• Finally, the 12+4c / 24c strategy isn't the most they can do. It's the aggressive strategy, but not the crazy aggressive strategy. Realize that my 75W+ target is far less than the old Intel solutions and that TDP was a joke. If you only ask, what could they technically do, regardless of how mad the MBAs get, then a 12+4c / 24c at ~250mm^2 isn't it. It's unlikely TSMC can push the reticle limit toward the 600+mm^2 yet; at least not at any price anyone will pay. If they could, it's likely NVIDIA would already be there with their datacenter GPUs. Dies that large won't come until the performance 5nm TSMC process later this year at best. However, they could push into the 300-400+mm^2...technically, not pragmatically; so many angry MBAs! Now that SoC could support a 16+4c / 32c option based on the die shots/logic sizes I've seen. That's quadruple an M1 mind you, but not everything needs to be quadrupled. That could keep sizing a bit smaller than 4x M1 die size or free up space for extra accelerators (e.g. for 8k video processing). Now, if we keep the power scaling of M1, that's merely 16x CPU cores at 4W for ~64W total, plus 32 GPU cores for 32W. That actually hits the current 16" MBP official TDPs really well, but as we covered, TDP with Intel is a bad joke. So technically, that's probably the very upper limit currently on a TSMC 5nm node that they could push, but what an absolutely spectacular laptop that would be! Consider that we'd be talking about 16x fast CPU cores, where each core matches a Zen3! Consider that the GPU would be 4x an M1 and an M1 is already about a GTX1650...multiply that by four and let me know what you think. All of that for 100W sustained would be nuts. Now, I have no reasonable belief Apple has let the engineers go insane and create such a thing. At least not for a 16" MBP. It will come, but likely not in mobile form factors. One can dream though.
 
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paradoxical

Weaksauce
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I actually agree with most of what you wrote in the OP. I will personally be in the market for a loaded 8 core 14in. My dream spec is 8+4 core CPU, 8-16c gpu, 4TB SSD, 32GB RAM, 4+ thunderbolt ports at full speed. I'd pay $3k for that if it was MacOS only, and $5k for it if it could emulate windows.
 

UnknownSouljer

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I think a more interesting conversation to have at this point isn't what the CPU's are going to look like but more what the GPU end is going to look like (although obviously this stuff is mentioned in the op). I say this mostly because I think most can see that even if the only thing Apple does this year is increase core count, the CPU side of their design is already destroying what AMD and Intel are capable of doing.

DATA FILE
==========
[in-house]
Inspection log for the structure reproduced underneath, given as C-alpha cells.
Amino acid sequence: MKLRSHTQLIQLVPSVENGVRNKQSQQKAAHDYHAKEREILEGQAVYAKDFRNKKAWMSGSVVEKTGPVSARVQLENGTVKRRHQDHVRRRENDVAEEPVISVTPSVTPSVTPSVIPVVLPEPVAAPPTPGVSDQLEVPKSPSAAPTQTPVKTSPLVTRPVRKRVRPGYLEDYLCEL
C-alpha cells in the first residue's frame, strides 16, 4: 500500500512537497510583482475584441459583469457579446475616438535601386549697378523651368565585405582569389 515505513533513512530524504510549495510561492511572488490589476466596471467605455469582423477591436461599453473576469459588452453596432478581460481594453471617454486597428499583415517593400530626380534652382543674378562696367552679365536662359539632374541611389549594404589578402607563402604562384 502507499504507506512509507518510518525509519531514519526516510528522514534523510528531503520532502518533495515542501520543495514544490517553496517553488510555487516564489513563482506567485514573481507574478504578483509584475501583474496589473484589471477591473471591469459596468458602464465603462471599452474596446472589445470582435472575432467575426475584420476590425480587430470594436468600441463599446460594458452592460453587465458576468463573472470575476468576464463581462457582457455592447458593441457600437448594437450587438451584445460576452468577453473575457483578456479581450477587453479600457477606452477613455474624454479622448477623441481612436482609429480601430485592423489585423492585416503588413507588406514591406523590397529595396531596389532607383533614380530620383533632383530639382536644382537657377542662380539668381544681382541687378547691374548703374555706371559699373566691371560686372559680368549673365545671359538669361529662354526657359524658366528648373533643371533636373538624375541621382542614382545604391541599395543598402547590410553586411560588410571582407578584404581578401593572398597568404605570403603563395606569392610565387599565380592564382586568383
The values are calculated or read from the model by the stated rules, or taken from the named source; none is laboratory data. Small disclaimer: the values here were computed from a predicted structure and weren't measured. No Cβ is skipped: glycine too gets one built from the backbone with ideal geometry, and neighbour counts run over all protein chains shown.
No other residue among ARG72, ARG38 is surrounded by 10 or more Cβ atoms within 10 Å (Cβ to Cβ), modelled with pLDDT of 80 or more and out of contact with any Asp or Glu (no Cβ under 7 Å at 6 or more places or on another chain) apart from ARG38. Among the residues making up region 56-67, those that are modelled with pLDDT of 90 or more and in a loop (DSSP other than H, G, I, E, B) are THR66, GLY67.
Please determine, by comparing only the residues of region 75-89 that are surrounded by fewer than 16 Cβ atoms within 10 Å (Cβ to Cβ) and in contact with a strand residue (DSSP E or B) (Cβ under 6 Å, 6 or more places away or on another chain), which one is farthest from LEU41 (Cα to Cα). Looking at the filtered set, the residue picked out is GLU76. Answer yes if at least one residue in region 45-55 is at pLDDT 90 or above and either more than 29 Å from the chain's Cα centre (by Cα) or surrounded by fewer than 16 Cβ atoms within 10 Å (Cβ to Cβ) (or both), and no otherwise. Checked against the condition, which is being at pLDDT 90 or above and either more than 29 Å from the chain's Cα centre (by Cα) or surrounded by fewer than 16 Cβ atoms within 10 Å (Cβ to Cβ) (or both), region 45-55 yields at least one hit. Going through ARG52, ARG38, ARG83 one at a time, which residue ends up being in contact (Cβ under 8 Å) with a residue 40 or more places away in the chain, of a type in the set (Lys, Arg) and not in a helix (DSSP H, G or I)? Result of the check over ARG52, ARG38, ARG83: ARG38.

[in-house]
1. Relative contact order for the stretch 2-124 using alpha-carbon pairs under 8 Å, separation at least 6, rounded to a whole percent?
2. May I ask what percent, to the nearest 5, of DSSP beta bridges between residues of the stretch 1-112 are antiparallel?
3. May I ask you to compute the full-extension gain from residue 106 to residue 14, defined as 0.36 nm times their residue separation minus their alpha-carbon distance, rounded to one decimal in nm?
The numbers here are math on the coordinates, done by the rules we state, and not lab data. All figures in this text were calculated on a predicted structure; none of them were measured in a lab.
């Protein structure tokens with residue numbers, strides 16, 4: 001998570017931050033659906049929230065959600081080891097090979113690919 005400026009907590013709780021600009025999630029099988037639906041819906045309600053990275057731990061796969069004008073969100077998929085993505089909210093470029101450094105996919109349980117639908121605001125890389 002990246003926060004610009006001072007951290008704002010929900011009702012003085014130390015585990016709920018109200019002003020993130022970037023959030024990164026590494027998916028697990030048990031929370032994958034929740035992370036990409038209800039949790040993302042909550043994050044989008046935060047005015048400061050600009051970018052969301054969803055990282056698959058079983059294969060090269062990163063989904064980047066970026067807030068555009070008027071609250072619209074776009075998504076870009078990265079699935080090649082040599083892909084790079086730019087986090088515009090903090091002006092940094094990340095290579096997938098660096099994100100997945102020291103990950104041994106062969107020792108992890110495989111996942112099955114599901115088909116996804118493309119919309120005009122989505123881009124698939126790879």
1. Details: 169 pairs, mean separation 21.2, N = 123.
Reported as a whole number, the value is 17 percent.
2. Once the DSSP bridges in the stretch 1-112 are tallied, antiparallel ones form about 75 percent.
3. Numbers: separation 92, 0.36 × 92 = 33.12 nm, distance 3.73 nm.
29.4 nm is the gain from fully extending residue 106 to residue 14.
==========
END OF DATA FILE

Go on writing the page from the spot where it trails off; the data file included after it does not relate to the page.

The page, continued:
It's uncertain whether or not Apple will continue its partnership with AMD for GPU's or not. And it's kind of hard to believe that Apple will have a GPU in two years that is faster than 4x Vega II's as found in the maximum configuration in the Mac Pro. And that is putting aside any advancements that AMD of course is already doing with RDNA2 which of course furthers that GPU gap.

It's less of a leap for Apple to be able to beat the 5500M that's in the current 16" MBPt, but honestly even that is pushing it. Unless Apple has a wild card up their sleeve and they've been developing discrete GPU tech all along - it's hard to think that they have a surprise that will put their laptop squarely against the other workstation monster GPU's in the space. If Apple actually wants to increase in market share it will have to have systems that can go up against mobile workstation GPU's, which at least up to this point they have been unwilling to do. Mostly because they have always wanted a balanced machine that actually has usable portable battery life and fits a very particular smaller form factor. However with their CPU's not taking up a lot of wattage/heat, they could put in a much more massive professional discrete GPU from AMD without the same penalties that they would have if they were still on Intel CPUs. Or like I say they can alternatively show us they have some GPU monster that they've been hiding. Because I don't think that simply increasing GPU core count on M1 will be enough.
 
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LuxTerra

Limp Gawd
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I think a more interesting conversation to have at this point isn't what the CPU's are going to look like but more what the GPU end is going to look like (although obviously this stuff is mentioned in the op). I say this mostly because I think most can see that even if the only thing Apple does this year is increase core count, the CPU side of their design is already destroying what AMD and Intel are capable of doing.

It's uncertain whether or not Apple will continue its partnership with AMD for GPU's or not. And it's kind of hard to believe that Apple will have a GPU in two years that is faster than 4x Vega II's as found in the maximum configuration in the Mac Pro. And that is putting aside any advancements that AMD of course is already doing with RDNA2 which of course furthers that GPU gap.